Restaurant Review: Okku

Dark, brooding, mysterious and the only restaurant we know of that comes with its own jellyfish, Okku proves a stylish spot to sample some genuine Japanese…
Thursday , 14 February 2013
60 seconds with Chef Hugh Sato Gardiner
60 seconds with Chef Hugh Sato Gardiner

Dubai is not a city short on sushi. Most of us barely have to travel a kilometre from home in search of a salmon skin roll. However, it’s fair to say that in its ubiquity, sushi in this city can sometimes be viewed rather more as conveyor belt fast food than as the succulent, nuanced and masterfully put together delicacy the Japanese intended. Thankfully, whenever one becomes sashimi’d out, there is Okku, to remind us of the joy that can be experienced from a Japanese meal done well.

The experience begins the moment diners cross the threshold from the lobby of The H Hotel. Dim lighting, staff who look like they took a wrong turn on the way to a catwalk show and, at the centre of the bar, a tank full of ethereally dancing exotic jellyfish, alerts diners to the fact they’re in for a suitably high-end experience.

But while the setting is impressive, it’s on the palate that OKKU really wields its power. Yes, there is sushi, and it is exquisite. Try some. Try lots. But venture further into the menu too, for Okku is so much more than a sushi spot.

A plate of ‘O Style’ hotate is as much a statement of intent as a starter – Japanese food but not as you know it. Seared scallops, still quiveringly soft centred, topped with fig and chive and served with a truffle goma sauce which could be used as an oral explanation of the term umami. Similarly impressive is the hushihu salad, a big-flavoured bowl full of crisp shards of duck, cabbage, daikon, mixed leaves and leeks, topped with zingy pomegranate and a plum-amazu dressing.

Seared wagyu beef served with a variety of sauces and volcanic salts is a masterclass on how to treat a cow and, paired with truffle fried rice with garlic, spring onion and black sesame seeds, it caused a serious silence to befall our table until the very last morsels were greedily swept up. A dish of braised veal short rib in ginger and soy was a melting, savoury delight, while the dynamite king crab legs with spicy mayonnaise were a seafood lover’s dream.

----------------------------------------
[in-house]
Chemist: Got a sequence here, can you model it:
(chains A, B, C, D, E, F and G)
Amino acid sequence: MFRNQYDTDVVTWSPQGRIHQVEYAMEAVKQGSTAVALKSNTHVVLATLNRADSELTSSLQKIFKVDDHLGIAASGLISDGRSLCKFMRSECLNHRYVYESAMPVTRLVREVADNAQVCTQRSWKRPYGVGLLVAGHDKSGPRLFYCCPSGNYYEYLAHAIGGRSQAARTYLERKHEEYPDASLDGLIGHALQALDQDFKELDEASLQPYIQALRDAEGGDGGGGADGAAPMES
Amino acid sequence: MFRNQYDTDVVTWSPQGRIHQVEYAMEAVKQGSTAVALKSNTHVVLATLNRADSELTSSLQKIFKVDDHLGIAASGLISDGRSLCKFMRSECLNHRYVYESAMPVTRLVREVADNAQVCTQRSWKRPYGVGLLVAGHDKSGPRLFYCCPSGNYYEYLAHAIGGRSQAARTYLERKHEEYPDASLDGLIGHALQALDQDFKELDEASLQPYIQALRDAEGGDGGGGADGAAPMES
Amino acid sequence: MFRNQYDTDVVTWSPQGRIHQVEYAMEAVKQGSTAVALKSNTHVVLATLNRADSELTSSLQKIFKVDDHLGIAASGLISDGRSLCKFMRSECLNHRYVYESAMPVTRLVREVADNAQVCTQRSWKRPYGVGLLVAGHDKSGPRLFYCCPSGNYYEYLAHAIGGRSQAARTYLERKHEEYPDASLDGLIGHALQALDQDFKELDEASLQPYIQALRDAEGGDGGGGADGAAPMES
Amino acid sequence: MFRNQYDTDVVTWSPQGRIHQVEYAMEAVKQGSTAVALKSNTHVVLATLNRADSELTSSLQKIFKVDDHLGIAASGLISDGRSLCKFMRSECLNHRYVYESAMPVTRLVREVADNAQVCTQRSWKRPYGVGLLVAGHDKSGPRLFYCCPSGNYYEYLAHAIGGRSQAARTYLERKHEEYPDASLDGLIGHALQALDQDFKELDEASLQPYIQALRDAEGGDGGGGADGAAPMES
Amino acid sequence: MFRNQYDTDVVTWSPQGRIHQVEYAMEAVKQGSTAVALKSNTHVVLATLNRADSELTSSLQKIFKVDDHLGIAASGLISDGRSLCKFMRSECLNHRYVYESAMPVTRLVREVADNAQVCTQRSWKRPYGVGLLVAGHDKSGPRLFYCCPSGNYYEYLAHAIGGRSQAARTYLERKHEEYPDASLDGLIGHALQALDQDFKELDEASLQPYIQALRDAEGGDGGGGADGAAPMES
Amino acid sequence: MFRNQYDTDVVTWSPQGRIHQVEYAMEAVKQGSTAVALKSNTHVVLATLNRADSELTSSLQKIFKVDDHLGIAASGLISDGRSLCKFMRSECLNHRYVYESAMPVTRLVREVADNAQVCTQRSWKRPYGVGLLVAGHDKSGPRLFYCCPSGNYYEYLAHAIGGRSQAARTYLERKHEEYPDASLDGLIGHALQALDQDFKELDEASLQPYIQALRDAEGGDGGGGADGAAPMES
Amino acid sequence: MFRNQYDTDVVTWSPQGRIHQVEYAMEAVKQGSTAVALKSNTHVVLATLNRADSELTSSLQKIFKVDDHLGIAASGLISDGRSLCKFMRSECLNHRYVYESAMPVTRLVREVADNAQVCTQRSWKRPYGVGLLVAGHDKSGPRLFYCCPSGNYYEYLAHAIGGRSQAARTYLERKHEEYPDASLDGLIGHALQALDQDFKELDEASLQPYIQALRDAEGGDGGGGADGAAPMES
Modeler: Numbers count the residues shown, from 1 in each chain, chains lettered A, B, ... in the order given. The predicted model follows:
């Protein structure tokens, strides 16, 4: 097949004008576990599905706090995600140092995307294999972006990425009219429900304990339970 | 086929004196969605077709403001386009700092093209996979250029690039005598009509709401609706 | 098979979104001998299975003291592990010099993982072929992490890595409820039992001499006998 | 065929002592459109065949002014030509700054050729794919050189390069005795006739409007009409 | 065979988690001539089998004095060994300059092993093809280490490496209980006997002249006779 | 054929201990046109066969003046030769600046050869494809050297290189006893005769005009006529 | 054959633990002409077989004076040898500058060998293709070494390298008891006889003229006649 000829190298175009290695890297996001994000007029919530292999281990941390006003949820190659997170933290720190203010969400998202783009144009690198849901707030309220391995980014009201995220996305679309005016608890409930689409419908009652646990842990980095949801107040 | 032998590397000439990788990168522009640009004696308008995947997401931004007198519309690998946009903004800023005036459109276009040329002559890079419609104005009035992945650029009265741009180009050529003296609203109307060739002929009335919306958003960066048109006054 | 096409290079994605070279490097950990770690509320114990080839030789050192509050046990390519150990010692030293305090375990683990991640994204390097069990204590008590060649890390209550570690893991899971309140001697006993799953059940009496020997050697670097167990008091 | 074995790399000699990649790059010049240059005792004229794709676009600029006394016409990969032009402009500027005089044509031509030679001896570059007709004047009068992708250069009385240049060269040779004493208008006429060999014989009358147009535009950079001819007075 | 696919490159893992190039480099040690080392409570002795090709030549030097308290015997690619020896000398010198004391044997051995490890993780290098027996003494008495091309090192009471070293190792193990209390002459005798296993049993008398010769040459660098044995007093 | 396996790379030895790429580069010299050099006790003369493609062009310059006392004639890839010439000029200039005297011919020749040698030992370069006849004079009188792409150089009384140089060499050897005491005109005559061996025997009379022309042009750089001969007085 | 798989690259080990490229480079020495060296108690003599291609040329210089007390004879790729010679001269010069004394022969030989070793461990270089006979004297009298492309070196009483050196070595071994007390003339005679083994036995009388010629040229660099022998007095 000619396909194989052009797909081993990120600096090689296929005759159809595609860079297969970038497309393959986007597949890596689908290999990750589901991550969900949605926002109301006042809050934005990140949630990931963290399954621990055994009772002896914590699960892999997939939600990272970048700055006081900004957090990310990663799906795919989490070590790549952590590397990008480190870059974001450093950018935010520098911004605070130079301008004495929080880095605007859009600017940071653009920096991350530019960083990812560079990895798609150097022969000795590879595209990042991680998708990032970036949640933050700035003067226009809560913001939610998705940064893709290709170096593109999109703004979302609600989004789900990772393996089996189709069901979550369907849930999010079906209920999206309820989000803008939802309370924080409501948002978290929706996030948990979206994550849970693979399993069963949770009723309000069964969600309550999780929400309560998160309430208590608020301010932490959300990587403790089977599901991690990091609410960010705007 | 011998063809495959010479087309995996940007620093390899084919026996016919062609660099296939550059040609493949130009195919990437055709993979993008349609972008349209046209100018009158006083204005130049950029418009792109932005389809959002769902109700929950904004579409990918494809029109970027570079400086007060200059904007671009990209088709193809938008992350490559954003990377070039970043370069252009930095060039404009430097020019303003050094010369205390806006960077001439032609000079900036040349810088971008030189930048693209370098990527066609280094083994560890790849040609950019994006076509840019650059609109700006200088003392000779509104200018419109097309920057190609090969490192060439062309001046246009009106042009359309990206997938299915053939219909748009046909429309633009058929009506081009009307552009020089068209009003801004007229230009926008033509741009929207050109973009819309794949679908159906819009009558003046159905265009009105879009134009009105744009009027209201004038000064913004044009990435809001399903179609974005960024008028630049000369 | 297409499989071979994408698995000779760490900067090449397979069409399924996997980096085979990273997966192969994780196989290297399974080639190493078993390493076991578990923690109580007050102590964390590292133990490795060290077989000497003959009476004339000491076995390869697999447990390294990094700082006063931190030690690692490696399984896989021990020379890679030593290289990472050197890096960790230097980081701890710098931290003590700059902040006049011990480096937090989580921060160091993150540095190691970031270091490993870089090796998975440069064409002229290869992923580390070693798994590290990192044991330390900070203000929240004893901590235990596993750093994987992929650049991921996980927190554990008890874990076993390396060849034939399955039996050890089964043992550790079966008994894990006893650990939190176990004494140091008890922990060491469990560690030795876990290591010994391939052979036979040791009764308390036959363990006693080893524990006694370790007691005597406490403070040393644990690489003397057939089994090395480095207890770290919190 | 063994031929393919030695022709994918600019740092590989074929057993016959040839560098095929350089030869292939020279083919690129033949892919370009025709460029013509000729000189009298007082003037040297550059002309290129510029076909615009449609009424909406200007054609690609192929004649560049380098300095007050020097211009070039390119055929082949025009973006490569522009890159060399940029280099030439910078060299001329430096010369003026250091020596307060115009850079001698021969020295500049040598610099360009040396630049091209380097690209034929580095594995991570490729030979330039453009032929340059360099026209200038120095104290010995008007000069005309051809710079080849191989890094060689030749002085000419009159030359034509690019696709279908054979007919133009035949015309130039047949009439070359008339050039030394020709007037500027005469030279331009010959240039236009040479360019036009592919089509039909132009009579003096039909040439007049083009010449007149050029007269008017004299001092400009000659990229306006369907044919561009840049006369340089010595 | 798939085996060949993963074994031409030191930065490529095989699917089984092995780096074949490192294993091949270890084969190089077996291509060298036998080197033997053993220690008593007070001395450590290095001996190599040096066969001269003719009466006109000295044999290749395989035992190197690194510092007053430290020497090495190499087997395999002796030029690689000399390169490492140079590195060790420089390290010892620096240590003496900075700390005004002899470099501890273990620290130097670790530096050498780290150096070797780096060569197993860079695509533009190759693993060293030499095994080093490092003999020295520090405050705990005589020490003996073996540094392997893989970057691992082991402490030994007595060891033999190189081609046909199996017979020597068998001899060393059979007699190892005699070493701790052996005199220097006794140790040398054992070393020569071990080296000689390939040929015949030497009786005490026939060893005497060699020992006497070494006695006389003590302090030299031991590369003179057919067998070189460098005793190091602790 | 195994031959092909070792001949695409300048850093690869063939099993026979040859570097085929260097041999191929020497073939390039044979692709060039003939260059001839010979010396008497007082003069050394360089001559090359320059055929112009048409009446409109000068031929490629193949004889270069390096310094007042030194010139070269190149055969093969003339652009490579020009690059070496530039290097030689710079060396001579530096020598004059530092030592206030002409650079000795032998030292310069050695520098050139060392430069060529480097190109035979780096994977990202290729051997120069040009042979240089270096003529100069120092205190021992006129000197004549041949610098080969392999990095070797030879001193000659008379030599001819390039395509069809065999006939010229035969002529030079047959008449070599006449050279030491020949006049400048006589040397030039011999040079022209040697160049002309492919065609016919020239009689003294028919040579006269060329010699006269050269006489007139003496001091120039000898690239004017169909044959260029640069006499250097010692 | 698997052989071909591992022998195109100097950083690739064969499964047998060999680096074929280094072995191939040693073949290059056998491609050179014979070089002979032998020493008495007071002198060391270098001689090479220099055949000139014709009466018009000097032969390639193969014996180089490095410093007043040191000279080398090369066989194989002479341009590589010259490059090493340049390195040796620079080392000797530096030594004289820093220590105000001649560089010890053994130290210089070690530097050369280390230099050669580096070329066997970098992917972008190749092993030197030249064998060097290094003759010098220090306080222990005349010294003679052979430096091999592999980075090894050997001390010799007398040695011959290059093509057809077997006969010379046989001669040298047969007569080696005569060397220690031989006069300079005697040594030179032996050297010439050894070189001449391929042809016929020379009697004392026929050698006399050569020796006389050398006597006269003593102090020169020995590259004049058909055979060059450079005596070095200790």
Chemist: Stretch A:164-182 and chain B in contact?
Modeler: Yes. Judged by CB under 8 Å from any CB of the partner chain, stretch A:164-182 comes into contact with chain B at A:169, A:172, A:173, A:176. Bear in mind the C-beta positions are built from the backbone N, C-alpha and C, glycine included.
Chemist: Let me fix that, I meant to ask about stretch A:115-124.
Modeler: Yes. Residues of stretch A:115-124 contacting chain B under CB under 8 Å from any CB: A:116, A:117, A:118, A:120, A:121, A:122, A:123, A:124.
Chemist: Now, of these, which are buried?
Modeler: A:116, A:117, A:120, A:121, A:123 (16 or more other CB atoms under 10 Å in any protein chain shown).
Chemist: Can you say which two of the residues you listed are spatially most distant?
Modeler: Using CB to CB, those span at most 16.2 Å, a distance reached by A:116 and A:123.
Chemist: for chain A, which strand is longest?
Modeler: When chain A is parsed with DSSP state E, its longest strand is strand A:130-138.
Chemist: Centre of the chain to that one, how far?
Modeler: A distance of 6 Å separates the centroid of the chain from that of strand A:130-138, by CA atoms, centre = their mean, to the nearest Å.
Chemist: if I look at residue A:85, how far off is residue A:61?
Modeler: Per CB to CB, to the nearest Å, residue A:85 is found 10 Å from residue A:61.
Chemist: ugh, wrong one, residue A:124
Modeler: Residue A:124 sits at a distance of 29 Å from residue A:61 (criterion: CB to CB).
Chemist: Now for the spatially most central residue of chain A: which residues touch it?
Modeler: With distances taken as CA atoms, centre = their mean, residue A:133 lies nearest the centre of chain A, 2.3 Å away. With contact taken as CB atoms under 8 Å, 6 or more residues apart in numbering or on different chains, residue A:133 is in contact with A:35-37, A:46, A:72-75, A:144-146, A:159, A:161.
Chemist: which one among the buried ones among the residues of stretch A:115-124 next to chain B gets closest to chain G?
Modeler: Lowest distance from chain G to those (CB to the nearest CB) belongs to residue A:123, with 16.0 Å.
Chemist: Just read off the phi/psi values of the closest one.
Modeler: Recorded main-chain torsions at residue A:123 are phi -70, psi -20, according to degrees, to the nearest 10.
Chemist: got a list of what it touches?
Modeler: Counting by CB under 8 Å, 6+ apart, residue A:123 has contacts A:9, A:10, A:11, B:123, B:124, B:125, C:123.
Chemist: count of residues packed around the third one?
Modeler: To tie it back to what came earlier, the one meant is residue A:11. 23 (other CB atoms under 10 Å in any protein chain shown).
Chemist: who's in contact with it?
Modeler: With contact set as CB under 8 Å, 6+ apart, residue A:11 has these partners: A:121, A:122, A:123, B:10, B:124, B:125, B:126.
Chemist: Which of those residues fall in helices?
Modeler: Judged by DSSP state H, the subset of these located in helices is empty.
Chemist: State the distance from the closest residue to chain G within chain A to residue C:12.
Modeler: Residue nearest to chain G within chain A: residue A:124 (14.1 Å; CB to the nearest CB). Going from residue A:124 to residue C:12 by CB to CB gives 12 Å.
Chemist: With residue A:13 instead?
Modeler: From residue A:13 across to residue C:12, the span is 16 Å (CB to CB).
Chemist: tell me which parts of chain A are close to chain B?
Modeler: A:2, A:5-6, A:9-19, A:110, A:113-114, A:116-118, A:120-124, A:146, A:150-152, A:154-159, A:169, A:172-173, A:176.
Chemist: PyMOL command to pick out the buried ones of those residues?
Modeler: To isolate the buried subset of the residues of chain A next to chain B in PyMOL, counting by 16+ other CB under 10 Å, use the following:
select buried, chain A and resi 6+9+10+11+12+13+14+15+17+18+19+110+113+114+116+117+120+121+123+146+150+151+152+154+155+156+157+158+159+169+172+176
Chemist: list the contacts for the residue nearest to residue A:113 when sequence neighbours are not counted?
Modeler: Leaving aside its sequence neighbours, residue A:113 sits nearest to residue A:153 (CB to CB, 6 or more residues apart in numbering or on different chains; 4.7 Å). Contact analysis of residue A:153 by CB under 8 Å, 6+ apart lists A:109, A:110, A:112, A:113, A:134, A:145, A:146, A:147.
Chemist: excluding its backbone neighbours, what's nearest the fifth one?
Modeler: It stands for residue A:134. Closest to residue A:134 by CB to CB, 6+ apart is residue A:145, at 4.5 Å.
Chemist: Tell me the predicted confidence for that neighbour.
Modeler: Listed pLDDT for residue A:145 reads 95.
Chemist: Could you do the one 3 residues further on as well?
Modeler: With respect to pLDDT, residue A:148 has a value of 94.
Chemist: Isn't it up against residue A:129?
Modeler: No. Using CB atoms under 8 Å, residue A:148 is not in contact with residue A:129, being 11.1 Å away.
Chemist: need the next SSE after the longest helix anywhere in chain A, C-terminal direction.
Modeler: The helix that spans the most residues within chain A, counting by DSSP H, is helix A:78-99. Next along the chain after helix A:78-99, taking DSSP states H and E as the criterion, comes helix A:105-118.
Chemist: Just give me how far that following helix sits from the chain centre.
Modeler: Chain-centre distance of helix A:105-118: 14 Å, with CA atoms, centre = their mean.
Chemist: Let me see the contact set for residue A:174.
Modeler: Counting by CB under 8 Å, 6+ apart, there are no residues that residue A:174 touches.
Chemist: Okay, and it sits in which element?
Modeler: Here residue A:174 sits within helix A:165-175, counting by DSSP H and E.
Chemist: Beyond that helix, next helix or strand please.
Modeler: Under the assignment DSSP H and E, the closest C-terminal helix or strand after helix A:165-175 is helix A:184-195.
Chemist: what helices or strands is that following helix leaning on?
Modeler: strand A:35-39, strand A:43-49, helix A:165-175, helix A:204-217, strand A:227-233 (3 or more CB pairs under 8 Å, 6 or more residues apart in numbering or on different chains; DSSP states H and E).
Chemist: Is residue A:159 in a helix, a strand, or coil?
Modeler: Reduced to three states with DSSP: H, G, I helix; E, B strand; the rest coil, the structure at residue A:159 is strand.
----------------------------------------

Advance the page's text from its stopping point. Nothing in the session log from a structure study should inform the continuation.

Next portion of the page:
No, Dubai is not short on sushi, nor is it short on fashionable eateries in which to see and be seen. It is, however, a city which sometimes values style over substance. Okku, which opened in 2009, is proof that the two can co-exist. It’s a restaurant that is going from strength to strength and, if its bulging reservations book and bustling bar are anything to go by, will continue to do so for a long time to come.

60 seconds with Chef Hugh Sato Gardiner

What three ingredients could you not live without? 
Miso, sriracha chilli and ketchup.

You work with so many different flavours – what is the key to balancing them?
It’s all about the Umami flavour, which is difficult to describe in words. It lies within the principle tastes of sweet, sour, bitter and salty, but has a distinct property of balancing flavours, making things moreish!

What’s been your biggest kitchen disaster? 
One night in NYC, an obnoxious chef used way too much sake in a dish while sautéing. The fire suppression system triggered and there was foam everywhere. We were forced to shut down immediately and all I can say is that it was not an easy clean-up job. We were not amused and I don’t think the guests were either.

What would your last meal be?
In-N-Out Burger in the US.

What’s you culinary guilty pleasure? 
Nothing exotic - I love French fries!

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